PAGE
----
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GUILLAIN-BARRE SYNDROME (GBS)

Neurology

GUILLAIN-BARRE SYNDROME (GBS)

1. Most common autoimmune, inflammatory polyneuropathy, has demyelinating (most common) and axonal variants. Pure motor illness with associated autonomic and urinary retention.

2. A mild gastrointestinal or respiratory infection precedes the polyneuropathy. Ocassionally A/W meningococcal & influenza vaccines.

3.  Acute inflammatory demyelinating polyradiculoneuropathy [AIDP] - classic demyelinating GBS presents as an ascending paralysis of muscles, including respiratory muscles, with areflexia.

4. Miller Fisher axonal variant ([MFV]; 5% of cases) - a type of GBS that includes only areflexia, ataxia, and ophthalmoplegia; e.g., patients unable to move their eyes or walk upright. A/W Campylobacter infection.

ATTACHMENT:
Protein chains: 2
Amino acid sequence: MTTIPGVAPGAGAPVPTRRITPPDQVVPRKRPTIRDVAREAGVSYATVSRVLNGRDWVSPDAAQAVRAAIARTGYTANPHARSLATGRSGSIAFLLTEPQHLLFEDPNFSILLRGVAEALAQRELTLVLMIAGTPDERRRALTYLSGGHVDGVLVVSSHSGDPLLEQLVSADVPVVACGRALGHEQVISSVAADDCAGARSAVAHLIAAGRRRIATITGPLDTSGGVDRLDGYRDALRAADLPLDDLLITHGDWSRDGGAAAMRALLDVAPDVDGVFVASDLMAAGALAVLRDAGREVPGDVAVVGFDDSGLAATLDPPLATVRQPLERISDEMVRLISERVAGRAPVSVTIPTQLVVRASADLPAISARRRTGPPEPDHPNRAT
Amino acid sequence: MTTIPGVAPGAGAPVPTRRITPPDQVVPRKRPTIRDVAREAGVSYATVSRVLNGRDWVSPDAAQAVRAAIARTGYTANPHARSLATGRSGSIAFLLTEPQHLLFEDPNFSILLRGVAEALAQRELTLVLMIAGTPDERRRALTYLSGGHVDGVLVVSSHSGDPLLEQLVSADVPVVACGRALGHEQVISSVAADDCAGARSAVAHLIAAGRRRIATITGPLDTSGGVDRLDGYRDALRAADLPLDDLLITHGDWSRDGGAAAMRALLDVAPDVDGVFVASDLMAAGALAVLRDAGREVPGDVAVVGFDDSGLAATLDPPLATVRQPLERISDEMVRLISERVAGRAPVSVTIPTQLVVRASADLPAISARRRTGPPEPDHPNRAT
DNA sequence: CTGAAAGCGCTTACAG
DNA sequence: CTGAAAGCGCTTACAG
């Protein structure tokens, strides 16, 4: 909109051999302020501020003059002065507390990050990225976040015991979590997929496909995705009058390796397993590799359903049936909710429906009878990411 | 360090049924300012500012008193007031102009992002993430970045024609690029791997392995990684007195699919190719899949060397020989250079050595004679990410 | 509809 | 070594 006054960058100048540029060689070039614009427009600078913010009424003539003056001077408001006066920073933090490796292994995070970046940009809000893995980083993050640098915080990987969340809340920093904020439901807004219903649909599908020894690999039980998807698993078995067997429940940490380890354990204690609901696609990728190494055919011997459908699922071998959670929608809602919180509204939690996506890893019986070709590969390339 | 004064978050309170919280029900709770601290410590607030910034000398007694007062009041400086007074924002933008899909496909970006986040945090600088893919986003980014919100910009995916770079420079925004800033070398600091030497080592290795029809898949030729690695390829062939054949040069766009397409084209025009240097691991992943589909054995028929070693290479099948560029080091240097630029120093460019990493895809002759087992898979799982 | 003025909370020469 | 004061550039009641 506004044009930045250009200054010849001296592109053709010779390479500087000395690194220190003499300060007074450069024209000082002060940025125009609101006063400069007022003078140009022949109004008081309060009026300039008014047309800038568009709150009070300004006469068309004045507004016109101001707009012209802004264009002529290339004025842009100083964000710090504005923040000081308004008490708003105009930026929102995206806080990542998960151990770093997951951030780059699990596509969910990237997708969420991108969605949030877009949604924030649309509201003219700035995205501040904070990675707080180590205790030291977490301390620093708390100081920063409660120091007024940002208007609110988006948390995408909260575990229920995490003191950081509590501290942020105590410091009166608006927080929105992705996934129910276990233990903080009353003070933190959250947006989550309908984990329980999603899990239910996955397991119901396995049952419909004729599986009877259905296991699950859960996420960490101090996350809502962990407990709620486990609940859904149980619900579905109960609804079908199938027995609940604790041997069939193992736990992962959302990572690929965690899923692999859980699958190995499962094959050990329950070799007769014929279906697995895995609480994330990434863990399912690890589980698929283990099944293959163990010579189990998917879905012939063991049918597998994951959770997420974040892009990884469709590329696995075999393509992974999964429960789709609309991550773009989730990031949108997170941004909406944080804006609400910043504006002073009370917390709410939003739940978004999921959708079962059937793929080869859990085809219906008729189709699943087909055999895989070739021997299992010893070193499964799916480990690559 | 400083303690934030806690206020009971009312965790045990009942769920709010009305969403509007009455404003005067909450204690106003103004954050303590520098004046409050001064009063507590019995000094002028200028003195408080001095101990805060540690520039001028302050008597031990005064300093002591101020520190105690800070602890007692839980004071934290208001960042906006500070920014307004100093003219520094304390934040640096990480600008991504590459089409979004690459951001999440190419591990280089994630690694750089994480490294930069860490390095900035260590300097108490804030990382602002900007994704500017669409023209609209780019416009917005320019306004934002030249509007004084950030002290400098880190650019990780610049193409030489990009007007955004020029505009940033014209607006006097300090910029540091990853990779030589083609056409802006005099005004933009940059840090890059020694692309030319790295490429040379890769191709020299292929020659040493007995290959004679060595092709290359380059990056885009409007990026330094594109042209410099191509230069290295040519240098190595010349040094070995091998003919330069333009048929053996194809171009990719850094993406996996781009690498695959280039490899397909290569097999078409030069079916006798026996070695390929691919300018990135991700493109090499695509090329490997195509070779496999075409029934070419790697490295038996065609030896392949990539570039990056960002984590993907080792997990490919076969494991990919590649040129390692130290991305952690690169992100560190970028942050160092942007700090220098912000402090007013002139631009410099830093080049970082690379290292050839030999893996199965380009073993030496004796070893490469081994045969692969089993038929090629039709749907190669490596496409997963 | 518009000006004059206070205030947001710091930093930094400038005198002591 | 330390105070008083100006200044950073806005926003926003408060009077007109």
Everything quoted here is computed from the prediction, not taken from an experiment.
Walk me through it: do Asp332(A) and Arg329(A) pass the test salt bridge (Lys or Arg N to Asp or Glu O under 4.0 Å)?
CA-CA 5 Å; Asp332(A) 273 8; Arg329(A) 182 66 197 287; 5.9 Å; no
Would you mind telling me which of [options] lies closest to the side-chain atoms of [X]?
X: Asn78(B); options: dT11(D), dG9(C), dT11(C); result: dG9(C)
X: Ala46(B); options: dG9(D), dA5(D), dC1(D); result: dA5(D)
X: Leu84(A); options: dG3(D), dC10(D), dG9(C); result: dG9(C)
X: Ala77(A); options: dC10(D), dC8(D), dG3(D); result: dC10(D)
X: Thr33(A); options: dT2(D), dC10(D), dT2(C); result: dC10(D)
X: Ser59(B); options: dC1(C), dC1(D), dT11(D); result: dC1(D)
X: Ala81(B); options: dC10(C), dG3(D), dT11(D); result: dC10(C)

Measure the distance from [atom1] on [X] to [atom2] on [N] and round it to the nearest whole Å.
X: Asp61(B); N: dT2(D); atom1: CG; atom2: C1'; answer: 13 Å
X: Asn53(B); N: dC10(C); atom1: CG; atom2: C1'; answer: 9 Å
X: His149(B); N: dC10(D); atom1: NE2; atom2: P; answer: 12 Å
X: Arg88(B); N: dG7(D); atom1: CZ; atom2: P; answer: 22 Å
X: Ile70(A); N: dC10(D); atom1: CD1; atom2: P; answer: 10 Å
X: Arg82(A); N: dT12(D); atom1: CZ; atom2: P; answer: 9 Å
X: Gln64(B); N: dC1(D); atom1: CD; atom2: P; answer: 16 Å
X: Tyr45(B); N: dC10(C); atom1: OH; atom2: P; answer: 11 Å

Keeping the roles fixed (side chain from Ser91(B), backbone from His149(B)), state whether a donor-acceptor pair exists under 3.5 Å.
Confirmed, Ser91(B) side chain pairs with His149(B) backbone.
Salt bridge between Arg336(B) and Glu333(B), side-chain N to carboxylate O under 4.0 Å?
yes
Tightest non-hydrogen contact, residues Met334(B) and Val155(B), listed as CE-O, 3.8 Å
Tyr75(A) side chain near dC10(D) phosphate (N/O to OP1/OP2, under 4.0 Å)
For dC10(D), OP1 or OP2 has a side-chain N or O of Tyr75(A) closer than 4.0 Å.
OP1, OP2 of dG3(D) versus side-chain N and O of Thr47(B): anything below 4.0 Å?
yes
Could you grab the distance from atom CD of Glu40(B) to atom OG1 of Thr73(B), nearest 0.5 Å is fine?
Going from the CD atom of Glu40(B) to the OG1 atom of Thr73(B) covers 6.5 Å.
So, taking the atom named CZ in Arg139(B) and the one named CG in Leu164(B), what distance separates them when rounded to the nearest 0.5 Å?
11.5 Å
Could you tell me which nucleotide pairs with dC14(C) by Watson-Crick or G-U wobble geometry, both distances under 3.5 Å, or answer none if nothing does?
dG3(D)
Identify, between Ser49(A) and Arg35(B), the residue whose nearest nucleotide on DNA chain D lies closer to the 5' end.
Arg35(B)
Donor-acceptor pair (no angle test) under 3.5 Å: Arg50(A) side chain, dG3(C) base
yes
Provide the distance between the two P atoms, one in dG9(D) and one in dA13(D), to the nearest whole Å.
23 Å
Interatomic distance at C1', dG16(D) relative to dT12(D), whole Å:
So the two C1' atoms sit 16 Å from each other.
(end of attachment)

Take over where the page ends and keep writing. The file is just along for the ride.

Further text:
5. Two other axonal nariants - para-paretic (partial paralysis) & ataxic.

6. In patients with any type of GBS, the CSF has a normal cell count and a high protein ("protein-cell dissociation"). Anti-GQ1b IgG is a unique serum protein measurable in over 80% of MFV cases of GBS.


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REFERENCES

1. Wilkinson, I. (2017). Oxford handbook of clinical medicine. Oxford: Oxford University Press.
2. Hannaman, R. A., Bullock, L., Hatchell, C. A., & Yoffe, M. (2016). Internal medicine review core curriculum, 2017-2018. CO Springs, CO: MedStudy.
3. Image: no reference available.

Ⓒ A. Manickam 2018

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